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In a sense the powerful thunderstorm of the narrative of Kate Chopin's story acts as character, an elemental force that exercises its power upon their emotions. Indeed, the storm is the embodiment of the unleashed passions of Alcée and Calixta, the protagonist that liberates them from the antagonistic patriarchy in which they live, confining them to certain social domains that restrict their innate natures.
As the sequel to "The 'Cadian Ball," the narrative of "The Storm" is inextricably connected that of the previous story in which Alcée the Creole gentleman, and quadroon Calixta, the animated and "abandoned" beauty have a romantic encounter:
Calixta's senses were reeling; and they well nigh left her when she felt Alcée's lips brush her ear like the touch of a rose.
Because of social mores, nothing more occurs as Clarisse appears and for Alcée the only reality becomes her declaration of love for him.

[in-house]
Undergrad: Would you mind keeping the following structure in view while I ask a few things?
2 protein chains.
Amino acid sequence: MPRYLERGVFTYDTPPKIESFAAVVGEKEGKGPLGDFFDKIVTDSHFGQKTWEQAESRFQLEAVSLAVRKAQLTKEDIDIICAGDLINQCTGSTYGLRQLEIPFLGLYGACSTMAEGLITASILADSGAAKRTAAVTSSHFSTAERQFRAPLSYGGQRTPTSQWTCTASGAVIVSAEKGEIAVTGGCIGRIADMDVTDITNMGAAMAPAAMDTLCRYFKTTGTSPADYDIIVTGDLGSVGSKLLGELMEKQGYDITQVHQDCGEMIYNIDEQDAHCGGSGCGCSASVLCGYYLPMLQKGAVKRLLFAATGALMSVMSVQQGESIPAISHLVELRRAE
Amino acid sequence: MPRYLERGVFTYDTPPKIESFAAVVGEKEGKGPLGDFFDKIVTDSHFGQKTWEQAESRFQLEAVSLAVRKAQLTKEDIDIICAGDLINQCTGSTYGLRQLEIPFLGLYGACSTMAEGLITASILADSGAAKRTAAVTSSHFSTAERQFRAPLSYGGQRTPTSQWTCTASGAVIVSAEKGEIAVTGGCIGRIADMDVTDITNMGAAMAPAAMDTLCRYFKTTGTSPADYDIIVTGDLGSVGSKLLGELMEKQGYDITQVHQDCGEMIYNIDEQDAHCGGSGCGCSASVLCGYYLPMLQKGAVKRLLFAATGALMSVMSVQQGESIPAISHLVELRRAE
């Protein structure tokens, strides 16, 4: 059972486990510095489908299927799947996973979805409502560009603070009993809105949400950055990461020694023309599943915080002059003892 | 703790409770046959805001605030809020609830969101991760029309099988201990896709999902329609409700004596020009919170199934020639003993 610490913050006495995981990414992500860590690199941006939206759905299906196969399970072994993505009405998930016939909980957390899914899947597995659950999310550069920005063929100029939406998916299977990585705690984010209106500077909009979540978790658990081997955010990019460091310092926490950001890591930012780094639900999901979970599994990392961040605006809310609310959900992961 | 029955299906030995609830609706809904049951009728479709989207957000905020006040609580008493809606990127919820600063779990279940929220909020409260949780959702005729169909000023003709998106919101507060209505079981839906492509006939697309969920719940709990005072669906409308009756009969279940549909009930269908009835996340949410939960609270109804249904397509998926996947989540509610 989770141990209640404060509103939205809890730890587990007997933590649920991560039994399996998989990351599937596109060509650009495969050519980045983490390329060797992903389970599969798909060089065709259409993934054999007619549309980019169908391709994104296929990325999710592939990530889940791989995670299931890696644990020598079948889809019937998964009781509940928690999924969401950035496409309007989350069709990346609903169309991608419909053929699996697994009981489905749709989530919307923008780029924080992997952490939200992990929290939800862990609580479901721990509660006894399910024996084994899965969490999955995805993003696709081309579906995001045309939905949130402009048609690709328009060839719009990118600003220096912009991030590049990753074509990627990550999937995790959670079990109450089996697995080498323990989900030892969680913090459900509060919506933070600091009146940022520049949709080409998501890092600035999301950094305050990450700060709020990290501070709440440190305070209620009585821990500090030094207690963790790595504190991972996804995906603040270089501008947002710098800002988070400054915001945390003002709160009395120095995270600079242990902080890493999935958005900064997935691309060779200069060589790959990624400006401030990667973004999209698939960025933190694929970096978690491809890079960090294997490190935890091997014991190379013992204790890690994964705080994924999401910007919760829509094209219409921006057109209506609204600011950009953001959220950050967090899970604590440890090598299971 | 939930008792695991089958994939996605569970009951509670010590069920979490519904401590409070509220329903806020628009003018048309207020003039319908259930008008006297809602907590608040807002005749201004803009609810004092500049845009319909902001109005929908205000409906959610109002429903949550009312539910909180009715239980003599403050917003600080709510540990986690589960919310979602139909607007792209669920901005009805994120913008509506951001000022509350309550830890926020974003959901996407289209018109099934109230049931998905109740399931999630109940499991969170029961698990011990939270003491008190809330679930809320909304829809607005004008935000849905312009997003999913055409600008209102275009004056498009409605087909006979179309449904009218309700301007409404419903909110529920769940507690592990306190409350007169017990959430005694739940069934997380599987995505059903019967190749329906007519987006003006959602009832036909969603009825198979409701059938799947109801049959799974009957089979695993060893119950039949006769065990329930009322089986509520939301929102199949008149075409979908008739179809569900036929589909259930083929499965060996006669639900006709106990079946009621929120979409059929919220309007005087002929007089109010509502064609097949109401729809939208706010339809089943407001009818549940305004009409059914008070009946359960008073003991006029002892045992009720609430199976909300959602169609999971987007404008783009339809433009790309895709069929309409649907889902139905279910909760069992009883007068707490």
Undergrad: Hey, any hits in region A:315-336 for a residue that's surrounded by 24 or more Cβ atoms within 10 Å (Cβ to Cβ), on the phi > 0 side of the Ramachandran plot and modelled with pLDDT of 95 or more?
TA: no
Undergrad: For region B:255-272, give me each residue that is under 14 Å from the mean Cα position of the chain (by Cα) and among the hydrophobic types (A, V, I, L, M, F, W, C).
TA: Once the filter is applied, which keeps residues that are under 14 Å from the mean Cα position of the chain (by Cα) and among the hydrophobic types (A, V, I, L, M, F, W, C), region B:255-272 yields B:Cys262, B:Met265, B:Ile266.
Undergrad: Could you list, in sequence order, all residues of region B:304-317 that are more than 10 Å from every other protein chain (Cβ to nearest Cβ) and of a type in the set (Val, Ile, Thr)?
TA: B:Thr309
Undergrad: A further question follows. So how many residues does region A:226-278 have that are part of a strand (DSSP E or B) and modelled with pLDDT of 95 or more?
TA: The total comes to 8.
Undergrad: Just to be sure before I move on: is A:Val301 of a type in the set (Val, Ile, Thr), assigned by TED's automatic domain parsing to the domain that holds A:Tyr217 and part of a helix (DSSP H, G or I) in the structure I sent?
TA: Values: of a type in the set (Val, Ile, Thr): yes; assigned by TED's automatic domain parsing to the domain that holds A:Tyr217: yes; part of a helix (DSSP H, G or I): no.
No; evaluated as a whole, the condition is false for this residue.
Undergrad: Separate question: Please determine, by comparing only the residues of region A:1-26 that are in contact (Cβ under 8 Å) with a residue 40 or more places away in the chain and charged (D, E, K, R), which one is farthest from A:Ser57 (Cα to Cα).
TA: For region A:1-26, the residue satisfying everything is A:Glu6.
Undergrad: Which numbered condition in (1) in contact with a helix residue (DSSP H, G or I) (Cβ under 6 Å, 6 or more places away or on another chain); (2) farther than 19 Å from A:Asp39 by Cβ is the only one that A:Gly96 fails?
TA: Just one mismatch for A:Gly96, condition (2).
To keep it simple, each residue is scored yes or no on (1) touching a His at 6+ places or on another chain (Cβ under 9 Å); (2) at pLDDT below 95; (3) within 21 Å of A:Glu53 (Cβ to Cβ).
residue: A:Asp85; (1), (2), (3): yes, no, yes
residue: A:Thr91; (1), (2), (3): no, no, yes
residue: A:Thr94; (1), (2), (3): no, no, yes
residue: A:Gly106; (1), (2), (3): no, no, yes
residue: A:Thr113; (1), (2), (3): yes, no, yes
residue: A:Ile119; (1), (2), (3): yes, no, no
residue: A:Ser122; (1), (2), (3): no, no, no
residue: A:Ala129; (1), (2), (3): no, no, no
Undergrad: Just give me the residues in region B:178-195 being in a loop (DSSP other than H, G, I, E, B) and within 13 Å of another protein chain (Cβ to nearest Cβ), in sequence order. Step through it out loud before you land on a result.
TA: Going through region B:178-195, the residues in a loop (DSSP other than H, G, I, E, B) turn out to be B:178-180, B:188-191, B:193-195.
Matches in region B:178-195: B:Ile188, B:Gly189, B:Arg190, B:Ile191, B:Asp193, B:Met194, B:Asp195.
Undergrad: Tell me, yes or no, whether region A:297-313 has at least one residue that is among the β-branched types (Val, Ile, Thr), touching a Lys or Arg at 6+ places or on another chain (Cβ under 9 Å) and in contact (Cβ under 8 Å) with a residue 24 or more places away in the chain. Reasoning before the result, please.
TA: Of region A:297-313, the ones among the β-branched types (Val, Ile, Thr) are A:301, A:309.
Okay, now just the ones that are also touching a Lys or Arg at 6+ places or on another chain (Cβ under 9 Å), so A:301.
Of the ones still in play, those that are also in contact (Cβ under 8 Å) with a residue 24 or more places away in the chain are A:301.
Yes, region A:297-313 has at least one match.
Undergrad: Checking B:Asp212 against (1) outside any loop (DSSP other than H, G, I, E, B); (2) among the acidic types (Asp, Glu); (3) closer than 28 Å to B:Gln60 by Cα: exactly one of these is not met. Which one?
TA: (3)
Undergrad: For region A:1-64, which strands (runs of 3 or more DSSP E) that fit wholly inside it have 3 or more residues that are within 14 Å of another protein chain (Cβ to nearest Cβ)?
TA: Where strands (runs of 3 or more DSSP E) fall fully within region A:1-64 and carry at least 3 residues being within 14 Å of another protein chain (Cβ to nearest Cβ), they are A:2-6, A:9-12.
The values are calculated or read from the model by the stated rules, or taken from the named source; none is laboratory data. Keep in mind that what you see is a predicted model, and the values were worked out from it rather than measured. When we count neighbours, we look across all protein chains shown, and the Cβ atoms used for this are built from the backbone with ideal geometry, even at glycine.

But later, after Alcée is married, he finds himself stranded by the impending storm, and seeks refuge at the home of Claxita, who is alone and somewhat frightened by the lightning and wind that threatens. Alcée gathers her to his arms and looks down
...into her eyes and there was nothing for him to do but to gather her lips in a kiss. It reminded him of Assumption.
Their passion renewed, with the liberation that the storm provides them from their societal roles, Claxita and Alcée are free to express their love for one another.
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